• Light – photoreceptors, the chloroplast and photosynthesis (C3, C4 and Crassulacean Acid Metabolism).
  • Water relations and adaptations to life on land.
  • Plant growth regulators (with practical class).
  • Gametogenesis, fertilisation and embryogenesis in flowering plants.
  • Plant meristematic development and the molecular and cellular basis of continuous embryogenesis.
  • Plant metabolism and secondary products.
  • Environmental signal transduction.
  • Plant breeding and agriculture.
  • Genetic modification (GM) and plant synthetic biology.

Accessibility statement:

As part of this course, you will undertake laboratory sessions in the large teaching laboratory (of up to 200 students) that are 3 h in duration and may involve standing for long periods although special requirements are accommodated.  Laboratory PPE is compulsory.  These sessions will be undertaken in pairs or groups, and all sessions involve intense laboratory work. No drinks are allowed in the laboratory but breaks are possible and students may leave the laboratory for short periods if required.

Learning and teaching

Learning activities and teaching methods (given in hours of study time)

Scheduled Learning and Teaching ActivitiesGuided independent studyPlacement / study abroad

Details of learning activities and teaching methods

CategoryHours of study timeDescription
Scheduled Learning and Teaching22Lectures and group discussion
Scheduled Learning and Teaching20Laboratory practicals and group discussion (6 x 3 hours & 1 x 2 hours)
Guided Independent Study18Practical data handling and writing-up
Guided Independent Study60Lecture consolidation, reading and engagement with online resources
Guided Independent Study30Revision


Formative assessment

Form of assessmentSize of the assessment (eg length / duration)ILOs assessedFeedback method
Practical class lab notebook and exercises.1 lab notebook1, 5, 6, 10,-14Oral and written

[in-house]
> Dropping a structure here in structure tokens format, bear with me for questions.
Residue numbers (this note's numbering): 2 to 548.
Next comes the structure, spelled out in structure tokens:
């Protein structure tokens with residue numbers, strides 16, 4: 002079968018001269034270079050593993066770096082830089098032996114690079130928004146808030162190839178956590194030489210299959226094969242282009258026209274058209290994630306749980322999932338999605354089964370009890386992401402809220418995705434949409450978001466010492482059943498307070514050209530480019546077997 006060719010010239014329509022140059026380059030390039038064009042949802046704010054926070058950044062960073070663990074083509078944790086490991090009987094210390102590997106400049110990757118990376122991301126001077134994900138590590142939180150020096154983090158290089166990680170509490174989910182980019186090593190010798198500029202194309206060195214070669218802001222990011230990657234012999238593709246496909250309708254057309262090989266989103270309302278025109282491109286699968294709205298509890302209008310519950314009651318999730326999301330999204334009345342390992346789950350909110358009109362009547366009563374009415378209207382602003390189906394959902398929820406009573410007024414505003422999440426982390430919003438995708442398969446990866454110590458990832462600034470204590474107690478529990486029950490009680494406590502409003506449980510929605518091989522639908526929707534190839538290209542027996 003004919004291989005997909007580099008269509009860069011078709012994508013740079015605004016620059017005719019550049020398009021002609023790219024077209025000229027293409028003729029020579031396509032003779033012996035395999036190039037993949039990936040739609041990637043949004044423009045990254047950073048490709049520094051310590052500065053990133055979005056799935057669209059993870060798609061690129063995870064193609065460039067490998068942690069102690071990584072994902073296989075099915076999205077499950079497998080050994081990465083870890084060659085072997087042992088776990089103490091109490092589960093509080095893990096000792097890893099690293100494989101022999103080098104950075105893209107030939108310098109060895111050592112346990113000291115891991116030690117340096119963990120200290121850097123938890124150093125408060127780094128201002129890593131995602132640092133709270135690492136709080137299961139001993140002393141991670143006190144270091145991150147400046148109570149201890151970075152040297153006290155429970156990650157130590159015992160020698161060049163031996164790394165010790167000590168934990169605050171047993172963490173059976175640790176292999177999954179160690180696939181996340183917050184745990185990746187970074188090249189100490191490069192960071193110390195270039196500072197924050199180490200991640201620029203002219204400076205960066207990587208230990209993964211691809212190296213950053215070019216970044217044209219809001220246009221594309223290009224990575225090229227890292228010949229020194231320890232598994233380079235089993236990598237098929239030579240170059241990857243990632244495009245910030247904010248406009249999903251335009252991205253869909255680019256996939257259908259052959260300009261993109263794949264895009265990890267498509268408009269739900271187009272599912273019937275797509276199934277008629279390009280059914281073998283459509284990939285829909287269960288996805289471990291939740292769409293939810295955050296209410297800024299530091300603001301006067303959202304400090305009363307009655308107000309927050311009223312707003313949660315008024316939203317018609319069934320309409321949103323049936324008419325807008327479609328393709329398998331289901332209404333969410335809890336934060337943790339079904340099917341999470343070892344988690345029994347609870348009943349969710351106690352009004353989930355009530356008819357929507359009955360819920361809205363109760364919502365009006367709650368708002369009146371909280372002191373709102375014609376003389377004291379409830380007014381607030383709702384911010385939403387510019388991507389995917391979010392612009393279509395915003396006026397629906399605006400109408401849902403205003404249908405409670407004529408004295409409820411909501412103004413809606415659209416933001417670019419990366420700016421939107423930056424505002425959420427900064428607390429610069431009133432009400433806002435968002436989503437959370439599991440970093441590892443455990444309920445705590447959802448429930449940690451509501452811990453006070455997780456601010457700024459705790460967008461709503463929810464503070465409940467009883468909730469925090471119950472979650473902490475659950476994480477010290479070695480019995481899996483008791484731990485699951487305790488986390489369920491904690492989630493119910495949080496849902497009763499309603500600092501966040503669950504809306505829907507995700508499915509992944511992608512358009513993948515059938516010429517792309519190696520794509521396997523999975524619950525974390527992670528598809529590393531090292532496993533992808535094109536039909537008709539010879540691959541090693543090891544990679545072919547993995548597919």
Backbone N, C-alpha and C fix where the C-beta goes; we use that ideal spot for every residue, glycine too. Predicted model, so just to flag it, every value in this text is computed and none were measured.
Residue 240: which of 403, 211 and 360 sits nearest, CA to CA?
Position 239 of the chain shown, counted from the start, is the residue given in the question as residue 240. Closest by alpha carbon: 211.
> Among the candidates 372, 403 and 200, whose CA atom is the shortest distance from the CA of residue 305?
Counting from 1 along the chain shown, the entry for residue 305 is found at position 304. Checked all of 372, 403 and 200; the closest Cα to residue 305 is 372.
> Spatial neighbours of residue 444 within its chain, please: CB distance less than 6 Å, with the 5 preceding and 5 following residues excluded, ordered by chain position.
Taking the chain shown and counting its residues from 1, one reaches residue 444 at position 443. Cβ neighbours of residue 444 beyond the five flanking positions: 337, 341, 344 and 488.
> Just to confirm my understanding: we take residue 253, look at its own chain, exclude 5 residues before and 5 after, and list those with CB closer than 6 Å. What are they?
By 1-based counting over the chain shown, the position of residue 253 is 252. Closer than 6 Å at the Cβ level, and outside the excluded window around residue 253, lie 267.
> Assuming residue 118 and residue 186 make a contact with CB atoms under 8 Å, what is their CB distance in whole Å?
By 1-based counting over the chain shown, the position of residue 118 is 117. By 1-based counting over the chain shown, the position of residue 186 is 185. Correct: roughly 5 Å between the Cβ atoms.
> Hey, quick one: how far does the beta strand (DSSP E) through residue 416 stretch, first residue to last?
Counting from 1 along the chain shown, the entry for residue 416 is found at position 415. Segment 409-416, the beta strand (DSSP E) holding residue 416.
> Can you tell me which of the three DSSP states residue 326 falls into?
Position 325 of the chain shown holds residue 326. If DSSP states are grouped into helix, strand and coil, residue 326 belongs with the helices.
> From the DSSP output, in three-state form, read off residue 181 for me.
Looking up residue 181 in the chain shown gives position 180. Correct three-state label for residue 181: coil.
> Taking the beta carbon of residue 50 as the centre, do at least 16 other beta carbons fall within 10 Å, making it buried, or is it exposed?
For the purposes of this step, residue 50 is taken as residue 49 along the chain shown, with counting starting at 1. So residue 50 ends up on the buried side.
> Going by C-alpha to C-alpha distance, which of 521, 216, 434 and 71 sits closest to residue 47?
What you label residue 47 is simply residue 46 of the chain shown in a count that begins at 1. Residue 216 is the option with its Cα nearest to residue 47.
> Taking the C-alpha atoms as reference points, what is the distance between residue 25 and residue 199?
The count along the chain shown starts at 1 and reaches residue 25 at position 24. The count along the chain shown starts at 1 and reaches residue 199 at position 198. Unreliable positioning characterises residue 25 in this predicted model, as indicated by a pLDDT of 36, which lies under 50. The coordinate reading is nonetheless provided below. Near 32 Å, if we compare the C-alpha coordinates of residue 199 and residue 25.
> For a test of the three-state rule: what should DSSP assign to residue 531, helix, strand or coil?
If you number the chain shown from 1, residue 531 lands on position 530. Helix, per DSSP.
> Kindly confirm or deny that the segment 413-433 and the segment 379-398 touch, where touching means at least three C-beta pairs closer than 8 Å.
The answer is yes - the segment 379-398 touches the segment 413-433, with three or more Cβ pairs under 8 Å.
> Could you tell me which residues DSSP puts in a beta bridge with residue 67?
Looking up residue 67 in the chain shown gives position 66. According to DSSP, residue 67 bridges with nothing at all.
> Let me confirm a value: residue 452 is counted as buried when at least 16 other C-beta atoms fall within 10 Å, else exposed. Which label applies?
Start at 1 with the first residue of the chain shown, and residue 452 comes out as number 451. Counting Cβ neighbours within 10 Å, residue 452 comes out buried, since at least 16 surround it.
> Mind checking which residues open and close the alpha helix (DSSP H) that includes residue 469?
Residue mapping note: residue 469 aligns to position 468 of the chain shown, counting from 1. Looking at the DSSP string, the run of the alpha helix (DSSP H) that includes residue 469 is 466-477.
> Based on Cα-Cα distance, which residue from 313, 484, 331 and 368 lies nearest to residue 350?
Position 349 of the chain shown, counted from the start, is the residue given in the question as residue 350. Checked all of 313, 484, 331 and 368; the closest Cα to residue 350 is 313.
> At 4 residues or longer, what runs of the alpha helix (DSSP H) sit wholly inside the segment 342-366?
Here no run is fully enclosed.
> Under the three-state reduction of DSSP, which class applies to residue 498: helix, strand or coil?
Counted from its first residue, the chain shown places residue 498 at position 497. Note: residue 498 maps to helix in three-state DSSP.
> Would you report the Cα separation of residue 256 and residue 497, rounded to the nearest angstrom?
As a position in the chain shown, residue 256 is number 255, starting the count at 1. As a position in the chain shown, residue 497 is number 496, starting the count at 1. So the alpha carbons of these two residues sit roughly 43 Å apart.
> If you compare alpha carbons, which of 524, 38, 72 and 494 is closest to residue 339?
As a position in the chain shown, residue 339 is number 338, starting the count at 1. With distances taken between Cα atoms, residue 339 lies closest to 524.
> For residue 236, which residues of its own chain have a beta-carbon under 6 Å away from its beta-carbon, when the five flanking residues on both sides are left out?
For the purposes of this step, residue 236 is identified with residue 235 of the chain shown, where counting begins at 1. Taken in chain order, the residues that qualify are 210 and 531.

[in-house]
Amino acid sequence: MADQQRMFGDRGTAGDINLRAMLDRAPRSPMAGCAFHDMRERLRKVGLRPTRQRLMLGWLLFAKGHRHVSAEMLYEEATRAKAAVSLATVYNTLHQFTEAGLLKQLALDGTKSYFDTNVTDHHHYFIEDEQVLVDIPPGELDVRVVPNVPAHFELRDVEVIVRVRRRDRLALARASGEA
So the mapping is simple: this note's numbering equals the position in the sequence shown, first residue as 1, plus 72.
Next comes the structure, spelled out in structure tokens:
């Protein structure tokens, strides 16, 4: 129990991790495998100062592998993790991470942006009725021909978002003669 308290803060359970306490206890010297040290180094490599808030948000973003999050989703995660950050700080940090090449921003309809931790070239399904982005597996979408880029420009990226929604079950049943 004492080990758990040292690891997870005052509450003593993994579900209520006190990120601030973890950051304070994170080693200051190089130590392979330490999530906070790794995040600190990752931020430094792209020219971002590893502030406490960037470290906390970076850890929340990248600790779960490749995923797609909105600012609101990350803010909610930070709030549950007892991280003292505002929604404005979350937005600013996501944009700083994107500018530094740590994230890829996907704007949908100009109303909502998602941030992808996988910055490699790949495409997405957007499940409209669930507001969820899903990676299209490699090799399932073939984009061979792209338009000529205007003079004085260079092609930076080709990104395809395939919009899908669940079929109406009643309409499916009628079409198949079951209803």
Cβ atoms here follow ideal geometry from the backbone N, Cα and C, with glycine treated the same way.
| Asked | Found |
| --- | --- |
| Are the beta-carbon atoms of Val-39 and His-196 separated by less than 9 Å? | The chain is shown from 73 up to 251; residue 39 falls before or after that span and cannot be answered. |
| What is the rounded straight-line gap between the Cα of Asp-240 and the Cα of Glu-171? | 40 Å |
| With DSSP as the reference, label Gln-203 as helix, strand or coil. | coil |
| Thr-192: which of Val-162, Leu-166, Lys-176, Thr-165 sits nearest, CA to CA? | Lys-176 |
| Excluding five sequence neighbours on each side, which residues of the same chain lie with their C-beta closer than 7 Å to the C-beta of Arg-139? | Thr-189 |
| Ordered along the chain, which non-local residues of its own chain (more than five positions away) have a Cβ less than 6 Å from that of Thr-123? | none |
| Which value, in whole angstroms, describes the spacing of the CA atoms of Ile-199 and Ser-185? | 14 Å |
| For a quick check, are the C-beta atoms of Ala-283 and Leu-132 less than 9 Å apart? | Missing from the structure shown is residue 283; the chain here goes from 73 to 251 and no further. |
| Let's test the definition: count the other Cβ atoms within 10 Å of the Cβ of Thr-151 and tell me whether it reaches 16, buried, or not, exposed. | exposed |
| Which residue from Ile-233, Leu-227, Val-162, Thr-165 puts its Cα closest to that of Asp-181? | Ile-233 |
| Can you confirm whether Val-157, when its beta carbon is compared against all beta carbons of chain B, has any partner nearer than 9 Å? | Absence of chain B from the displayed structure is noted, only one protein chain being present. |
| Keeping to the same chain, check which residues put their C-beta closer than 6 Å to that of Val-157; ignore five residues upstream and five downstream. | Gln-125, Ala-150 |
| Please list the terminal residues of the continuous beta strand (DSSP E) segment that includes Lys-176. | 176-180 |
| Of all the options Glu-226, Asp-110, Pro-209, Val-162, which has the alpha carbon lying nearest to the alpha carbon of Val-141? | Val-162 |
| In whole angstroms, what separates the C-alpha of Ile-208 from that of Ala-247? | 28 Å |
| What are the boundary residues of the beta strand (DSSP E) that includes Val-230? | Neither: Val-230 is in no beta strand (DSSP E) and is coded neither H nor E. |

Mid-term module examination (MCQ) and/or formative quizzes1 hour1-8, 12Oral and written

Summative assessment (% of credit)

CourseworkWritten examsPractical exams

Details of summative assessment

Form of assessment% of creditSize of the assessment (eg length / duration)ILOs assessedFeedback method
Practical-based continuous assessment20Continuous assessment of practical class handbook and laboratory reports1, 5, 6, 10-14Oral and written
MCQ examination801 hour1-8, 13Written


Details of re-assessment (where required by referral or deferral)

Original form of assessmentForm of re-assessmentILOs re-assessedTimescale for re-assessment
Practical class continuous assessment Problem-based assessment related to practical class handbook (20%)1, 5, 6, 11August Referral/Deferral
MCQ examinationEssay examination (80%)1-8, 13August Referral/Deferral

Re-assessment notes

Deferral – if you miss an assessment for certificated reasons that are approved by the Mitigation Committee, you will normally be either deferred in the assessment or an extension may be granted. If deferred, the format and timing of the re-assessment for each of the summative assessments is detailed in the table above ('Details of re-assessment'). The mark given for a deferred assessment will not be capped and will be treated as it would be if it were your first attempt at the assessment.

Referral - if you have failed the module (i.e. a final overall module mark of less than 40%) and the module cannot be condoned, you will be required to complete a re-assessment for each of the failed components on the module. The format and timing of the re-assessment for each of the summative assessments is detailed in the table above ('Details of re-assessment'). If you pass the module following re-assessment, your module mark will be capped at 40%.


Indicative learning resources - Basic reading

Recommended Textbook, available as an e-book:

  • Making Eden: How Plants Transformed a Barren Planet by Beerling, David (ISBN: 9780198798309)

Alternative reading resources:

  • Hodson & Bryant (2012) Functional Plant Biology (Wiley-Blackwell).
  • Campbell NA, Reece JB (2008) Biology, 8th Ed. Pearson. ISBN 0-321-53616-7/0-321-53616-9

Indicative learning resources - Web based and electronic resources

ELE page:

Module has an active ELE page

Key words search

Plant, photosynthesis, morphogenesis, signalling, evolution, diversity, agriculture, food, biotechnology, synthetic biology

Credit value15
Module ECTS